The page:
Read Only Memories

Game review by
David Wolinsky, Common Sense Media
Read Only Memories Game Poster Image
Colorful neo-noir adventure covers inclusion, acceptance.

Parents say

No reviews yetAdd your rating

Kids say

age 13+
Based on 1 review

Did this review miss something on diversity?

Research shows a connection between kids' healthy self-esteem and positive, diverse representations in books, TV shows, and movies. Want to help us help them? Suggest a diversity update

A lot or a little?

The parents' guide to what's in this game.

Positive Messages

Pushes for a lot of diversity, inclusiveness from every imaginable interpretation.

Positive Role Models & Representations

Although there's a great deal of inclusiveness, you still run into a lot of snap judgments about others, some discrimination.

Ease of Play

Standard point-and-click adventure.


Although there's crime, occasionally some violence (you get bonked on the head), there's no gore, blood. It's more about dealing with consequences of crime, rather than glorifying, watching them play out.

Drinking, Drugs & Smoking

You can frequent a bar and order drinks, but it's no different from buying potions, items in other games.

What parents need to know

Parents need to know that Read Only Memories is a downloadable adventure game that's intended to be socially progressive, meaning it explores themes of xenophobia and technology through the lens of humanity. Essentially, this game features characters of many genders, signifiers, and preferences. That's the backdrop against a broader story being told about a kidnapping and experiments of making robots more human-like. It's a standard point-and-click game, and though there's mild violence, the extent of it relates to getting bonked on the head.

User Reviews

  • Parents say
  • Kids say

There aren't any reviews yet. Be the first to review this title.

Teen, 15 years old Written bywizardortitan January 22, 2017

Language not mentioned in review

Common Sense Media neglected to mention there is some occasional mild to strong language in the game, which is the reason it was originally rated M (the updated... Continue reading

What's it about?

In READ ONLY MEMORIES, you play as a journalist who awakes one morning to find Turing, a robot, in your apartment. Turing tells you your friend Hayden has been kidnapped, perhaps because of the experiments he was carrying out on Turing to make the robot more human-like. As you team up with Turing, you learn an anti-hybrid group called the Human Revolution may have been the culprit. But figuring that out and proving it, as in any detective story, is not so simple. The story is meant to explore how judgmental humans can be toward -- or against -- one another, based on any number of arbitrary reasons.

Is it any good?

This is a great game to play slowly and savor, as it's a throwback to older adventure games such as Deja Vu or Uninvited. As in those games, you progress from one screen to another as an observer/player: You can click on different objects and people, gather items, and figure out what needs to be done to further your own agenda while also helping others along the way. Plus, as in any similar game, you have a wide variety of locations you can go to at any given time. It doesn't hold your hand, but Read Only Memories is very good at letting you know where you should be heading next and why, though it doesn't tell you how to accomplish what you need. This cuts out a lot of the frustrating guesswork from other games this one pays homage to.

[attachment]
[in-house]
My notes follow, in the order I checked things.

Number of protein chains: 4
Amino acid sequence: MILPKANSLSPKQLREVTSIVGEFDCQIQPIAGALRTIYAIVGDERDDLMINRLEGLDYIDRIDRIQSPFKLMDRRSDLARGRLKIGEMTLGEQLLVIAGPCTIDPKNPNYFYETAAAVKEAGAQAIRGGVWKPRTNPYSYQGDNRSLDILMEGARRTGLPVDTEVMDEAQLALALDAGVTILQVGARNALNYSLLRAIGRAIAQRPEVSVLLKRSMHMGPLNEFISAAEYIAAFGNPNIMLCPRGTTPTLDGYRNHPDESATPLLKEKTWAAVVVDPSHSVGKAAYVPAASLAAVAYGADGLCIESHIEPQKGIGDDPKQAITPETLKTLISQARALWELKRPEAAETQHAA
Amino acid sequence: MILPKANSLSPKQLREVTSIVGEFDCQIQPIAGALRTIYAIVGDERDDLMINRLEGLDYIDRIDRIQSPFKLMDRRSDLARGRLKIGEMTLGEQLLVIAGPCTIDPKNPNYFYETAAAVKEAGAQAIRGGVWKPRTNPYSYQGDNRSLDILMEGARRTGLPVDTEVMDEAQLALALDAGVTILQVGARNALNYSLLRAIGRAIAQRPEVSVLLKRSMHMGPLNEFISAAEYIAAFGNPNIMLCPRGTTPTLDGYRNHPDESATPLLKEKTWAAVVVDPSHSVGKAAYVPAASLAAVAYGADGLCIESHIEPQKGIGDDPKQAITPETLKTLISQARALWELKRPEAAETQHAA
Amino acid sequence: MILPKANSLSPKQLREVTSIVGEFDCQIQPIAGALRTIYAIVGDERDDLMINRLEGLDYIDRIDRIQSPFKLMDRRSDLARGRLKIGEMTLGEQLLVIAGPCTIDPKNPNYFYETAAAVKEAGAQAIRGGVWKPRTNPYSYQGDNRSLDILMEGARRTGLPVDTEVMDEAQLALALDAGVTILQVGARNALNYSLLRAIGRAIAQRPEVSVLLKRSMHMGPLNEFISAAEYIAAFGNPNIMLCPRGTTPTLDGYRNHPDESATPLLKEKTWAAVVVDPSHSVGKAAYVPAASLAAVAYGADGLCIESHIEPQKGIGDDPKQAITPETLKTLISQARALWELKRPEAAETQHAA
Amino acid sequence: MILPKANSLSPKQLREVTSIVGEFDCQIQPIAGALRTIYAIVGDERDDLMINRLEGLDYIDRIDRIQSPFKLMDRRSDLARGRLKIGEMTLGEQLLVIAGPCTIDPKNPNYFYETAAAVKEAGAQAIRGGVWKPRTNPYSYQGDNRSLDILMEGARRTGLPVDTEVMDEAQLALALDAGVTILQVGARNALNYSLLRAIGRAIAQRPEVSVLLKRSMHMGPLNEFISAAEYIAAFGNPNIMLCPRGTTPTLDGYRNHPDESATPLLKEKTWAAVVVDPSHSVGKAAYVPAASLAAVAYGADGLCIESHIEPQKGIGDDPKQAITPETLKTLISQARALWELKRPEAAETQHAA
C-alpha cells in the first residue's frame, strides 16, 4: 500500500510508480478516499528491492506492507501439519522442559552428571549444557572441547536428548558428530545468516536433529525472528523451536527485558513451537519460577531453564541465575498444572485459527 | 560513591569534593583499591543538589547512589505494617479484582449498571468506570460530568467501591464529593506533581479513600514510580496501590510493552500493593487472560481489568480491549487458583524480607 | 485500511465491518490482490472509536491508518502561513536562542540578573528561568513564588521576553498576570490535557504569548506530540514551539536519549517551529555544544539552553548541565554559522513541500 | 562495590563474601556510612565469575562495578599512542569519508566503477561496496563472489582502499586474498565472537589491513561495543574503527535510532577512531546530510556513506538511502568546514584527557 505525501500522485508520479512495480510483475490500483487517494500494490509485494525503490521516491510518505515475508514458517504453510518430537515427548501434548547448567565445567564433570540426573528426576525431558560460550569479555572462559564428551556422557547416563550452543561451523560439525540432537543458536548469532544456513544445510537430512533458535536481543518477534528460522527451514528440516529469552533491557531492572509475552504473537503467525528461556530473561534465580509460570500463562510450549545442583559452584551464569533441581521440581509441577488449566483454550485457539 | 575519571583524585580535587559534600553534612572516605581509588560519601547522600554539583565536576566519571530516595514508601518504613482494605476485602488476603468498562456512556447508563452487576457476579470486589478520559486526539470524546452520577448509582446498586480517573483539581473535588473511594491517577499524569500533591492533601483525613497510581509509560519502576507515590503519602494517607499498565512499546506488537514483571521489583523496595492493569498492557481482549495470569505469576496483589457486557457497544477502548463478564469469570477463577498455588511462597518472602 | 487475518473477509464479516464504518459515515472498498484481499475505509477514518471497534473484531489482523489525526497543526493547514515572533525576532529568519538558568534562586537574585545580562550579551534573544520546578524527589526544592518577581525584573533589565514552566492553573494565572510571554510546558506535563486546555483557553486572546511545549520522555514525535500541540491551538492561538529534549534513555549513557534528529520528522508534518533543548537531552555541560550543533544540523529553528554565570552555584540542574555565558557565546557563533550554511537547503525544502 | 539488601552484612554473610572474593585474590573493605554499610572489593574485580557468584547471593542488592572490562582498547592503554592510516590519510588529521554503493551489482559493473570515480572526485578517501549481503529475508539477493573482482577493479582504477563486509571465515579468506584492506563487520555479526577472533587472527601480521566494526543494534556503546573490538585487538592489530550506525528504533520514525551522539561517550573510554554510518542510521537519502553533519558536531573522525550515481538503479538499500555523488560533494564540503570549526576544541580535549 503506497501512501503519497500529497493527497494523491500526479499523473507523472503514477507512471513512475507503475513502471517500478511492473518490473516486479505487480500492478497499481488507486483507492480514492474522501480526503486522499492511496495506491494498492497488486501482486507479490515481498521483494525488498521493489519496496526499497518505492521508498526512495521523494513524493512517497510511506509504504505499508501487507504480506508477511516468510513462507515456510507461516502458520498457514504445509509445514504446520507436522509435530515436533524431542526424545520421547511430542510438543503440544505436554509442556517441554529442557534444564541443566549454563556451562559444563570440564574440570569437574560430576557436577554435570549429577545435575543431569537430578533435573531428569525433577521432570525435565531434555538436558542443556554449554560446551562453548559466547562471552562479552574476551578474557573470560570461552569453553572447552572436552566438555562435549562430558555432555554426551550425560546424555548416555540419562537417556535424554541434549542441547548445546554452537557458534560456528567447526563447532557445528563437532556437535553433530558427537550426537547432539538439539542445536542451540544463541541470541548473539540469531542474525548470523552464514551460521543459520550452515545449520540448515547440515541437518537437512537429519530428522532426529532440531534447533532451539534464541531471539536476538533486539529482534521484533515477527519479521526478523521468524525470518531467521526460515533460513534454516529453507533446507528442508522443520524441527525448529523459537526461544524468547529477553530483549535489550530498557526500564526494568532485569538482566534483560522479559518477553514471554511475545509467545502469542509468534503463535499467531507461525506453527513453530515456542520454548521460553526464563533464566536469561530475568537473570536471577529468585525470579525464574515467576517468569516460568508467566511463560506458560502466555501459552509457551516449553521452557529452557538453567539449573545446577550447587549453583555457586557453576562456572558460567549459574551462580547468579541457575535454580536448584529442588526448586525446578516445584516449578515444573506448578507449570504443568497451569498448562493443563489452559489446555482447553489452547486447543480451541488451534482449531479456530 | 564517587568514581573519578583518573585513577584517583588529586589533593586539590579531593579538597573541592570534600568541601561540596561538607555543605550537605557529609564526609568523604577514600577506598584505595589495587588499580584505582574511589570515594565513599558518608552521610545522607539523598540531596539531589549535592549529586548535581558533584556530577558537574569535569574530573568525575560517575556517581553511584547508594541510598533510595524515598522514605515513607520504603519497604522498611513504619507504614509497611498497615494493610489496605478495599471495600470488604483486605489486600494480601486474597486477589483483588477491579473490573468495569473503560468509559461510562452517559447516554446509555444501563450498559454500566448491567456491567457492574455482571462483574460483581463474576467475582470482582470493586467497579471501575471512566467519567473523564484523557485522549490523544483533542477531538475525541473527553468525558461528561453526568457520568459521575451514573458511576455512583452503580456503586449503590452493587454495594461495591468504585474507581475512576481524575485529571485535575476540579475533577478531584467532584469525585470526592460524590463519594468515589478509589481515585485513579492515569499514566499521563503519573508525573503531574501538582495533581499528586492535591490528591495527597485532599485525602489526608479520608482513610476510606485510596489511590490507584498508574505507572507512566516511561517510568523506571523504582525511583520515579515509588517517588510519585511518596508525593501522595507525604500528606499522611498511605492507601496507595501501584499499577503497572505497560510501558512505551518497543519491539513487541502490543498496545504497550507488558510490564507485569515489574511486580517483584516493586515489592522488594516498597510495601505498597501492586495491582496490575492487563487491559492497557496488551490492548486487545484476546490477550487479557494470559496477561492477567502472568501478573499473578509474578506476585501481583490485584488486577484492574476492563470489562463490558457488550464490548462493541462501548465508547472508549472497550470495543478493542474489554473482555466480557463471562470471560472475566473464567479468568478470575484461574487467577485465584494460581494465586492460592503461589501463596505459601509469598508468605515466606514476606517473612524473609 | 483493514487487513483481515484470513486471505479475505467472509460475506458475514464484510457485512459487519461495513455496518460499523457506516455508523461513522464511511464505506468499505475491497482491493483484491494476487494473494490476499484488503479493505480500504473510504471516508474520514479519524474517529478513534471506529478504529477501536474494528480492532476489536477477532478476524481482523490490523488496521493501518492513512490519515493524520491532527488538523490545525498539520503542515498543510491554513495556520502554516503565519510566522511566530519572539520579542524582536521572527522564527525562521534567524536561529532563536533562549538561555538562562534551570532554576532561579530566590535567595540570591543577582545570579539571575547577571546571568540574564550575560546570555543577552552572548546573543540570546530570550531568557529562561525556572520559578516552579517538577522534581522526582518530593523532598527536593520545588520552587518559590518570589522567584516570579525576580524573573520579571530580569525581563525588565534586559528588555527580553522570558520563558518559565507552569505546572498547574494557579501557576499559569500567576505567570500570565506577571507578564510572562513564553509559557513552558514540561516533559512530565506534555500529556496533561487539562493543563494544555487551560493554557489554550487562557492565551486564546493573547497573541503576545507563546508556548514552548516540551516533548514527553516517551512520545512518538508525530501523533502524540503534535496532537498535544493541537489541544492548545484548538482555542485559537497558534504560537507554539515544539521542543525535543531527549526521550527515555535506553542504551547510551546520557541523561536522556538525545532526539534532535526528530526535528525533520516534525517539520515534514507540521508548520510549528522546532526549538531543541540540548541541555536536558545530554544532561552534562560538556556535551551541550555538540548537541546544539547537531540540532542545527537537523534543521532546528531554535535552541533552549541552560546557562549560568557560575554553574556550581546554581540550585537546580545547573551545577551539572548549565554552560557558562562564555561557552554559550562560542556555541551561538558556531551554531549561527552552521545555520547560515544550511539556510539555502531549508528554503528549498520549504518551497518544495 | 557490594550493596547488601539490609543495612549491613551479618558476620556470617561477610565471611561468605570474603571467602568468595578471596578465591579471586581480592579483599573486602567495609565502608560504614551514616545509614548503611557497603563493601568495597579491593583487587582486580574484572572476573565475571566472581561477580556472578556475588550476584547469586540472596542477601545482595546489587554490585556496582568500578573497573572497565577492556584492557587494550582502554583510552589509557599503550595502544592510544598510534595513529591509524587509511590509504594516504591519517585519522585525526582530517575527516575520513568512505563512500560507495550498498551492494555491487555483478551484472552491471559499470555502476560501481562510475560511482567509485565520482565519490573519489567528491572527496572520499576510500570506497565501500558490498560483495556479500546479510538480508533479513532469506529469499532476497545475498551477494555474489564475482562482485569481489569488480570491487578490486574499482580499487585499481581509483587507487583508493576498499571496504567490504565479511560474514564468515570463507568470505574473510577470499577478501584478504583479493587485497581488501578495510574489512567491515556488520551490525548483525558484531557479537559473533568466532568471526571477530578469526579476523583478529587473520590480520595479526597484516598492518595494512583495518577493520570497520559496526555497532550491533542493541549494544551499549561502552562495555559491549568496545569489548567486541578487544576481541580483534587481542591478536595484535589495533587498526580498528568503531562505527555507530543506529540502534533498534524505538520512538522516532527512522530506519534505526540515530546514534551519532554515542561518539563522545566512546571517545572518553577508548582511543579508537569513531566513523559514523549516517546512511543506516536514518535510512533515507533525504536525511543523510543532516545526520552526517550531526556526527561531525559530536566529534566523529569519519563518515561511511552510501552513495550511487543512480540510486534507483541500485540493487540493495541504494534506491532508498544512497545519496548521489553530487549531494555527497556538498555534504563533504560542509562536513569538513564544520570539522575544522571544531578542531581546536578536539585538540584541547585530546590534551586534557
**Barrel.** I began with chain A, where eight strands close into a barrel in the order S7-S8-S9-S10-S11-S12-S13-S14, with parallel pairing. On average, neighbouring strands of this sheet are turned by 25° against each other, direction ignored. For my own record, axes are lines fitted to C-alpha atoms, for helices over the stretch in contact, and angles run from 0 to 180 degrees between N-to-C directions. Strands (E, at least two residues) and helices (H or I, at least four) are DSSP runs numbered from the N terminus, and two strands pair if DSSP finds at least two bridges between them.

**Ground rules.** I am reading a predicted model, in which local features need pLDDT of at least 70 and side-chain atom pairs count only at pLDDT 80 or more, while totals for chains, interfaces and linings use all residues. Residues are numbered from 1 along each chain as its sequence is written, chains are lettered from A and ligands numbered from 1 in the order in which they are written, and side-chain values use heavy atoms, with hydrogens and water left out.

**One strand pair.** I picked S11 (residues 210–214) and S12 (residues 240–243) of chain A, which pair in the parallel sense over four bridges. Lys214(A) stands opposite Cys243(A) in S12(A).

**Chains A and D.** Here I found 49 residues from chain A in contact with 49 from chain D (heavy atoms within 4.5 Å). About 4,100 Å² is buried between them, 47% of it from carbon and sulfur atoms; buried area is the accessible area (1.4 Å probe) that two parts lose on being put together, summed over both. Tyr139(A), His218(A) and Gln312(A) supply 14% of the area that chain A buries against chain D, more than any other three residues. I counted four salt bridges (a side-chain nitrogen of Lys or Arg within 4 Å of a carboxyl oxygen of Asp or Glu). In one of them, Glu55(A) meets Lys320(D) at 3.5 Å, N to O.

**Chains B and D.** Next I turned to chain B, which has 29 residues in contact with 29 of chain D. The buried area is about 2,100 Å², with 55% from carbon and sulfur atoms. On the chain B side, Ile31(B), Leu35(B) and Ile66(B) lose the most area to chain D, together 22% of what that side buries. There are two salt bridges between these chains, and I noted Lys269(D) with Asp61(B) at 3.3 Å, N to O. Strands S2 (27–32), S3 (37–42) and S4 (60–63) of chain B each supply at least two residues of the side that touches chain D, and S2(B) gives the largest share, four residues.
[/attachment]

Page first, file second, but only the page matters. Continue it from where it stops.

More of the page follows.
Read Only Memories also is progressive for including a lot of characters of varying racial, sexual, and even robotic backgrounds. As this is a text-heavy game, what makes this so worth spending time on is getting to know the characters and then, just as importantly, deciding for yourself whom you believe, why, and how you choose to react. After an hour with this game, the world feels fully realized, the characters and colors are bright (a rarity among many video games), and the writing is funny and smart. All this means it's a strong game -- strong enough to stand on its own merits. The diversity and inclusion are a great bit of frosting and rarely the focus. 

Talk to your kids about ...

  • Families can talk about whether anyone has made you feel scared or uncomfortable simply by virtue of being different. If so, why did that person make you uncomfortable? Were you ashamed of being afraid? 

  • If a friend of yours was kidnapped and you were told to not notify the police, what would you do? 

Game details

Our editors recommend

For kids who love adventure

Themes & Topics

Browse titles with similar subject matter.

Common Sense Media's unbiased ratings are created by expert reviewers and aren't influenced by the product's creators or by any of our funders, affiliates, or partners.

See how we rate

About these links

Common Sense Media, a nonprofit organization, earns a small affiliate fee from Amazon or iTunes when you use our links to make a purchase. Thank you for your support.

Read more

Our ratings are based on child development best practices. We display the minimum age for which content is developmentally appropriate. The star rating reflects overall quality and learning potential.

Learn how we rate